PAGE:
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- - Bad habits (http://www.tropicalfishkeeping.com/advanced-freshwater-discussion/bad-habits-326194/)
are there any bad habits or practices that cannot be managed ?
not cleaning the glass (green spot algae) - a few select pleco's
algae gone wild - shrimp, flagfish, siamese algae eaters
greenwater - clams, (or ignore it and the problem clears itself)
cyano - ... k, got me there
lack of water changes - plants
what kinds of things can be encountered in a tank that could be solved with low-tech or no tech solutions ?
The only bad habits the can't be managed are on nuns. :-P
(I had an aunt who was one.)
Algae, cloudy water, cyano etc are all handled by killing the lights and suspending feeding. Then restarting with less of both.
IMHO almost all (never say absolutely all) things encountered can be avoided and corrected with low tech no tech means.
just my .02
I suppose it all depends on how you look at things. . . lol.
My thinking is that the best, if not always the easiest, solution is to correct the issue at it's root. The lowest-tech, and cheapest(!) way to solve nearly every aquarium dilemma I've ever come across on this forum is to up the level of care given. Sticking to a basic routine of proper maintenance is the only way to truly solve any of these issues that I know of. . .
All of these things that you have listed above are the symptoms of a system that is out of balance. It is not, in my way of thinking, ever a good idea to add an animal to a tank that is in poor condition. Apart from being poor husbandry, treating the symptom with an 'easy fix,' without addressing and finding the proper solution to its underlying cause, will only mask the true problem - ultimately leading to a much higher probability for future issues to arise - though visually, the tank may appear to be 'fine,' at least for a time.
If not cleaning the glass leads to green spot algae, than spend a few moments once a week to wipe the glass when you do a water change!
If algae issues have you down, try limiting the amount of lighting that the tank receives, and ensure that the water is kept clean, limiting the amount of nitrate and phosphates in the tank. If the tank is planted, ensure that the lighting and fertilization is maintained at appropriate levels for the plants kept.
Green water can usually be cleared up by limiting the lighting, and upping water changes to ensure the phosphate levels are in check, though a black out period may be necessary if it has gotten a strong foothold in the tank
Cyanobacteria can be tricky, but typically a combination of manual removal, upping water changes and siphoning to ensure that organic wastes are removed, along with excess nitrates and phosphates, and limiting lighting is enough to take care of it. Ensure the tank is getting adequate water circulation.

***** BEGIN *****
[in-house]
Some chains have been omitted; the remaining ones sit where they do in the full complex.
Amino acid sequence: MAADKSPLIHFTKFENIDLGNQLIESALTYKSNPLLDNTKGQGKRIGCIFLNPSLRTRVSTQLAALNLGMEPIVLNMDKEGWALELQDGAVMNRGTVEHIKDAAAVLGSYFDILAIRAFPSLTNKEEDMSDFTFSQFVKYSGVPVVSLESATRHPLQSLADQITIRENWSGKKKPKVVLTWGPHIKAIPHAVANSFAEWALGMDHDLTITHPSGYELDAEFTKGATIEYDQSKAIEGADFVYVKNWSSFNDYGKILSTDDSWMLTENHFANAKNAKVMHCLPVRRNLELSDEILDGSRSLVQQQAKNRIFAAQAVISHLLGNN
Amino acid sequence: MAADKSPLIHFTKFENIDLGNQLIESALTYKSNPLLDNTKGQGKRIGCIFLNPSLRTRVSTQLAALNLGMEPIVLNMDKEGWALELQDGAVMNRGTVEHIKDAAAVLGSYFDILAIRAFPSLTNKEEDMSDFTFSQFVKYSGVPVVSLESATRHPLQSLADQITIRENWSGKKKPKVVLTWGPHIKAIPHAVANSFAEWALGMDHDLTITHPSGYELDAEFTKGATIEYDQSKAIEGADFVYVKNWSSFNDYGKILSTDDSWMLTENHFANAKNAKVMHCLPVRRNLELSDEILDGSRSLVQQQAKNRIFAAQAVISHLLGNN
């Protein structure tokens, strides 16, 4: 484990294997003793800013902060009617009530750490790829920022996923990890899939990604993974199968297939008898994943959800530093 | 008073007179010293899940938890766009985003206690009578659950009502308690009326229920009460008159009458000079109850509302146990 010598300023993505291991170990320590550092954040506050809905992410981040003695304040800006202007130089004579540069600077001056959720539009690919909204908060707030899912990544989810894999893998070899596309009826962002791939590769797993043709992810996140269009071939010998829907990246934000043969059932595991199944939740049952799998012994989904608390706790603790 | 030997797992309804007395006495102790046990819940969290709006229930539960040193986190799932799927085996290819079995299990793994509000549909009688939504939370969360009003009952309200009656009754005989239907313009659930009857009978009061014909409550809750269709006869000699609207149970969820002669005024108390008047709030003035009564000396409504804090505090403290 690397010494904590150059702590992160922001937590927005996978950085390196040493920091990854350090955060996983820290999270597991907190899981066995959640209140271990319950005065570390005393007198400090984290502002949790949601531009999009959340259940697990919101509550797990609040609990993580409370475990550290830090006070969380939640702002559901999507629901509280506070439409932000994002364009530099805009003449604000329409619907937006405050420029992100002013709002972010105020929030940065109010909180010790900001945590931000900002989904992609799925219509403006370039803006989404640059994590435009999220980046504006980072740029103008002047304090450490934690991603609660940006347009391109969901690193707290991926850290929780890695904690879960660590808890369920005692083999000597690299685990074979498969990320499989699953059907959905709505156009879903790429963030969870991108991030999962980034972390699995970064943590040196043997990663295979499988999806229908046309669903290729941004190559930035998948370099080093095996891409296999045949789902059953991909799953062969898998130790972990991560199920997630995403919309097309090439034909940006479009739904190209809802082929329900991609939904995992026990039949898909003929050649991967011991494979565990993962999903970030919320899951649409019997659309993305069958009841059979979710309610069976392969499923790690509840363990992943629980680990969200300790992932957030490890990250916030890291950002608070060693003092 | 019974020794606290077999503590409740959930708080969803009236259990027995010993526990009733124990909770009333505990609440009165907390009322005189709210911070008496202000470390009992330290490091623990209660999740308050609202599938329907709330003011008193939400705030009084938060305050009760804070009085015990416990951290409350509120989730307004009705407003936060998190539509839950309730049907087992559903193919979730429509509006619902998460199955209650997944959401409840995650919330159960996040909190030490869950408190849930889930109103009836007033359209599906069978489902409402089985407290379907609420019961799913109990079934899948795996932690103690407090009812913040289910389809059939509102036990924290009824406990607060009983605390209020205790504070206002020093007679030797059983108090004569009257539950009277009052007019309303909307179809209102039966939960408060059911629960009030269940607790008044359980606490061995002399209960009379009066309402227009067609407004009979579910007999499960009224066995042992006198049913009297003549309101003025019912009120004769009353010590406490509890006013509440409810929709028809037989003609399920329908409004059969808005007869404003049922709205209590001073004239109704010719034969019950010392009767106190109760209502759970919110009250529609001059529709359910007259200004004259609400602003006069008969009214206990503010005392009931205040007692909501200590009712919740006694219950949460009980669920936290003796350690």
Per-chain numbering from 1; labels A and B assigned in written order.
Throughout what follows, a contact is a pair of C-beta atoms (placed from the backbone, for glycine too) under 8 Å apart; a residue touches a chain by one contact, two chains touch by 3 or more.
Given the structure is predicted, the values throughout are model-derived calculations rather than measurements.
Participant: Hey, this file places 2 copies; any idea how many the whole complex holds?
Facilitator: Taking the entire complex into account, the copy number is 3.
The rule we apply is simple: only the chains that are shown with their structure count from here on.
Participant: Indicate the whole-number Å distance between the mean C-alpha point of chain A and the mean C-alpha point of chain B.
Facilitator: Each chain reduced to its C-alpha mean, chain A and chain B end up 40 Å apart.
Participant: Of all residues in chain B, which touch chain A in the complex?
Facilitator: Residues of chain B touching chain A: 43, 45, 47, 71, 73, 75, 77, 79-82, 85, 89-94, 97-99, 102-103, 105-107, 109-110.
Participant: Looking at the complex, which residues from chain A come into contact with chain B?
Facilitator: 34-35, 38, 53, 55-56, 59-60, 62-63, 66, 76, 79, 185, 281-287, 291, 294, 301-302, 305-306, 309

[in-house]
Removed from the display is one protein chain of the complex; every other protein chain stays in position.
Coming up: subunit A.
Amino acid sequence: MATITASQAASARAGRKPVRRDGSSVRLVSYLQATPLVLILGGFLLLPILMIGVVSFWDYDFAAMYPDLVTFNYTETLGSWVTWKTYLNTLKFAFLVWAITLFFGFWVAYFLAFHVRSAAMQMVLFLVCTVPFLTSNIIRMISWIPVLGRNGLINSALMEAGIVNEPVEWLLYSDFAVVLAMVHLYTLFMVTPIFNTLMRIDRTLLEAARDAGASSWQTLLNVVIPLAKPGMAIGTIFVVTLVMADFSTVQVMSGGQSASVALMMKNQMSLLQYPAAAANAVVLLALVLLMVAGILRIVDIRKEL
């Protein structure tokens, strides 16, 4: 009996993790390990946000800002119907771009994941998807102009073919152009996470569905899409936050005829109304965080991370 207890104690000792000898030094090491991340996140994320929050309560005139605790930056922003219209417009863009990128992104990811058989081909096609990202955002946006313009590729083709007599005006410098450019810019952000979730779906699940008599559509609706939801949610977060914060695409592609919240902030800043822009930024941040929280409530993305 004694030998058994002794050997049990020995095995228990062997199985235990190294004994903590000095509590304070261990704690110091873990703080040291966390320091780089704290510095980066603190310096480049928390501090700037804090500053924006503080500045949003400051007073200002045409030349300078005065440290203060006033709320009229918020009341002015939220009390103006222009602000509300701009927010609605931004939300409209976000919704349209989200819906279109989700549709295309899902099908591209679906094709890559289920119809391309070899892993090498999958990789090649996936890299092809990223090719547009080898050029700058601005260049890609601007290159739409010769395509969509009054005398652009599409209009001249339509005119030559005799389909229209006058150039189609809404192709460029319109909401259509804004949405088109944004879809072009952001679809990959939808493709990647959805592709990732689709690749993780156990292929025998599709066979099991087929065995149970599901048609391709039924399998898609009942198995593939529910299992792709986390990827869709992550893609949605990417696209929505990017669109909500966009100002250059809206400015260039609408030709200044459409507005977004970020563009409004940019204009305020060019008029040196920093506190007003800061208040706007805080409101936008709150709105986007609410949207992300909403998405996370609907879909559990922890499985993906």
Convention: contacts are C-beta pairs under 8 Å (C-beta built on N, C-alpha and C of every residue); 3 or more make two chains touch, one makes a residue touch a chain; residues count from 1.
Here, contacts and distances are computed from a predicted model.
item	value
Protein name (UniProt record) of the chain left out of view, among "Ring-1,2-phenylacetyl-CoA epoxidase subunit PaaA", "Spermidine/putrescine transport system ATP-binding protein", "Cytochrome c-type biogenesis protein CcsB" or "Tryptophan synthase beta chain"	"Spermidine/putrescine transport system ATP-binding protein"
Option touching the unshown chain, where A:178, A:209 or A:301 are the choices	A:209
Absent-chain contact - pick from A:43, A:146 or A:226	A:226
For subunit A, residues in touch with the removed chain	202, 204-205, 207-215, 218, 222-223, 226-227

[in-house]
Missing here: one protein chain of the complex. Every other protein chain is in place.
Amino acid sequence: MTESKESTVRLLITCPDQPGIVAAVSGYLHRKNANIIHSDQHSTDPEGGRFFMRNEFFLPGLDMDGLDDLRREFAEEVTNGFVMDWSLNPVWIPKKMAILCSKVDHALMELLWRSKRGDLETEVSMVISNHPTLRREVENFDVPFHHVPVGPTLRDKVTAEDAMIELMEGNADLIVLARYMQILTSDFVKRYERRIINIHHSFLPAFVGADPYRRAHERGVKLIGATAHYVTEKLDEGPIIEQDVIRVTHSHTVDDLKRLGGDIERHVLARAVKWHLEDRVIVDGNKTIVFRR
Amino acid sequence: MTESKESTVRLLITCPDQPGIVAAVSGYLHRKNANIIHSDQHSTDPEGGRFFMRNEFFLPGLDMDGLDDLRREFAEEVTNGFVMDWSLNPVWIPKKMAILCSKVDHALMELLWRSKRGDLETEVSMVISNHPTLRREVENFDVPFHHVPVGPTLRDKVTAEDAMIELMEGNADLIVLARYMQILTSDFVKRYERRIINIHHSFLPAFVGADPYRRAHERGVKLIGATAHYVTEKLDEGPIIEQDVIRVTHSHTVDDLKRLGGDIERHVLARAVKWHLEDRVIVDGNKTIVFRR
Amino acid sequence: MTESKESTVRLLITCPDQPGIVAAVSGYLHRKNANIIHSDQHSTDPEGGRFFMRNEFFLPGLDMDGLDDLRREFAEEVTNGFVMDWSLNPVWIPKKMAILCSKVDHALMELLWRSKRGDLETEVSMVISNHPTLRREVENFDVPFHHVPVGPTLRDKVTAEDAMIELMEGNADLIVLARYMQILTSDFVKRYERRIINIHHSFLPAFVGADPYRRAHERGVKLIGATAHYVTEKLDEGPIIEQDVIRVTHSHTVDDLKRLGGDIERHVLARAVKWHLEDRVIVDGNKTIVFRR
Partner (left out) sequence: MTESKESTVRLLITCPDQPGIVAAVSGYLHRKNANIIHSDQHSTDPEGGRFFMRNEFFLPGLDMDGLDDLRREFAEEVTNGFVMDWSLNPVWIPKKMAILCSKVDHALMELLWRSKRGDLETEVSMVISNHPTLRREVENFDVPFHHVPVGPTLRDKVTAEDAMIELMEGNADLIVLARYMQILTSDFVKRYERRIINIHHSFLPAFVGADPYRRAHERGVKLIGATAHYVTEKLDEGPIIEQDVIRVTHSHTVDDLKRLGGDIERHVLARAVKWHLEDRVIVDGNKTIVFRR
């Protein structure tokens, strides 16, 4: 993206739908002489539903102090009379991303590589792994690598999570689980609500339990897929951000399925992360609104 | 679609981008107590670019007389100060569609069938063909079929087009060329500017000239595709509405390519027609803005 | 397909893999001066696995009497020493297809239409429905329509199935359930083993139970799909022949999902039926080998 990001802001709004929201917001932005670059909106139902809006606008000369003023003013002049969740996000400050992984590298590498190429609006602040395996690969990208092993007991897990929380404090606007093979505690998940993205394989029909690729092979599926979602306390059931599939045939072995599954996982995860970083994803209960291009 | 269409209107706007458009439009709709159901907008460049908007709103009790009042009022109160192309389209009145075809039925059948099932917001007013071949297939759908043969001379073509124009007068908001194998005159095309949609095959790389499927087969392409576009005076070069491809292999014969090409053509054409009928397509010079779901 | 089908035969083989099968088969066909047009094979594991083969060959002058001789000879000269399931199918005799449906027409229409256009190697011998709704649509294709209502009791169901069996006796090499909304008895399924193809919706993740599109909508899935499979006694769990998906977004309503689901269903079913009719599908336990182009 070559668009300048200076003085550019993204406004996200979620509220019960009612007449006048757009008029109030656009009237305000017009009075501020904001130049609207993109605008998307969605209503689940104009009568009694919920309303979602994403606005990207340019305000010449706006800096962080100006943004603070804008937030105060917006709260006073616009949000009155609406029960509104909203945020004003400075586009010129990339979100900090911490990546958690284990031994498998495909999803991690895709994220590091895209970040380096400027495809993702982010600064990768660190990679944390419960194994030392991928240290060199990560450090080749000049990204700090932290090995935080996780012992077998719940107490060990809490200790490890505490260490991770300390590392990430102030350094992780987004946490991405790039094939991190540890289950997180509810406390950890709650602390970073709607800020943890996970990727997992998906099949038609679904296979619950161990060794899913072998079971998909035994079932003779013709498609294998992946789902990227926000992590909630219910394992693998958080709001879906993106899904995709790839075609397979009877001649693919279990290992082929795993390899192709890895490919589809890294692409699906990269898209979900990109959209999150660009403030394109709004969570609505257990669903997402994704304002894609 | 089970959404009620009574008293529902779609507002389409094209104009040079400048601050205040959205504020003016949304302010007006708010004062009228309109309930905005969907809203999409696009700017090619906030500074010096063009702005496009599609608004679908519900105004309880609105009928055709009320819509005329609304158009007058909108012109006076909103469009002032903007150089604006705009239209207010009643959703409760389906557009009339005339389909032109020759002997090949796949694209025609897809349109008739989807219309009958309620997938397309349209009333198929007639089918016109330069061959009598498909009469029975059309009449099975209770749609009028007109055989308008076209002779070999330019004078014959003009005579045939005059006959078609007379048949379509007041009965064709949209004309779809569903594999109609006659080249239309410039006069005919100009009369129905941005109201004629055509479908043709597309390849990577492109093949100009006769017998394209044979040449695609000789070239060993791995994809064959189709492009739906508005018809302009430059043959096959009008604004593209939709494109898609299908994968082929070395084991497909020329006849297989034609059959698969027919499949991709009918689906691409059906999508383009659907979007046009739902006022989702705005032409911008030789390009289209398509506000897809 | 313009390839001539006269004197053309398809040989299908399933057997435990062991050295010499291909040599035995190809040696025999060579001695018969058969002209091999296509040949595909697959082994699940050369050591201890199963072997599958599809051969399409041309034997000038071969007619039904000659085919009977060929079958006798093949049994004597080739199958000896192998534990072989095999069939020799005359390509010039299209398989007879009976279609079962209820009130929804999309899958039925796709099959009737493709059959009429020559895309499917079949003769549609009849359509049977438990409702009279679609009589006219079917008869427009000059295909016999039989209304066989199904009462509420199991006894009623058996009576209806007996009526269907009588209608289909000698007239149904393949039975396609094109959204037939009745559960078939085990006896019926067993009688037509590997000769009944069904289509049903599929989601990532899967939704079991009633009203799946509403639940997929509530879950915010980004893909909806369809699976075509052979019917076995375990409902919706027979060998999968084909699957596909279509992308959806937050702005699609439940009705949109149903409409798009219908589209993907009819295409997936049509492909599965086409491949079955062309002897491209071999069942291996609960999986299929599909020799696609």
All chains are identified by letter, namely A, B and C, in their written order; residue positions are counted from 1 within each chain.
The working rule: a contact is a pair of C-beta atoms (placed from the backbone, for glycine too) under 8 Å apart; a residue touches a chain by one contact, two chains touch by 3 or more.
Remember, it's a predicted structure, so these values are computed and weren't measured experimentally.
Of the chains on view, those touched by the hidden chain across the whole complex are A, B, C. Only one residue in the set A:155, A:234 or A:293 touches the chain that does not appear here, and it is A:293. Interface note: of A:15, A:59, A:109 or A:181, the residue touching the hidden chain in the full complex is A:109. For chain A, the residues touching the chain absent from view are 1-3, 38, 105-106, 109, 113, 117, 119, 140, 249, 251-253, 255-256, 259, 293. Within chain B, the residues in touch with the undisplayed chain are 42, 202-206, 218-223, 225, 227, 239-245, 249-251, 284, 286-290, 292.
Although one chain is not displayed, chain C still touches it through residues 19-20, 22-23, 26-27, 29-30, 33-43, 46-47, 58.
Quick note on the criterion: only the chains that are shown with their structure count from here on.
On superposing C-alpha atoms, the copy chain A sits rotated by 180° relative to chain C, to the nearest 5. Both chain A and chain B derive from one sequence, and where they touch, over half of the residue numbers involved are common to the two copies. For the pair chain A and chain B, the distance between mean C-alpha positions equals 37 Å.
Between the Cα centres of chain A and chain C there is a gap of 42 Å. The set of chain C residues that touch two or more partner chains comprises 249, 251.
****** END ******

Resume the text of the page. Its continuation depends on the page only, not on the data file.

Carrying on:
Though it is a much-debated subject, plants do not make up for a lack of water changes. Though plants do much to aid in the water quality by removing toxins from the tank, only water changes can remove the solid waste, and keep nitrates and other toxins from accumulating in a closed system.
I'll go ahead and add another very common one that we see often around here:
Snail issues do not require the purchase of a clown loach, which will likely grow too large for most tanks. Instead, try increasing water changes, being sure to siphon detritus and uneaten food from the substrate, and limit feeding. Add some lettuce to the tank at night, and remove it a few hours after lights-out - along with the snails feasting on it. This process may have to be repeated several times, but it will take care of an over-abundance of snails with a bit of time and care on the part of the aquarist!
There are many kinds of things that can be encountered in a tank that can be solved in a variety of ways. . . but if a tank's problems are rooted in the bad habits and practices of its keeper - these can be managed quite simply by the keeper fixing said practices and turning them into good habits to begin with!
Good thread and great input! I have another! HAIR ALGAE. Now I know that the problem was way excessive lighting... but now I can't get rid of the stuff. There are only live plants in this 10 gallon and a ton of tiny tiny pond snails. I've turned off the lights for a few weeks now, it gets day light from a near window so the plants have not died... nor the snails, nor the HAIR Algae. It's tangled on even the gravel. Do I need to tear this tank down?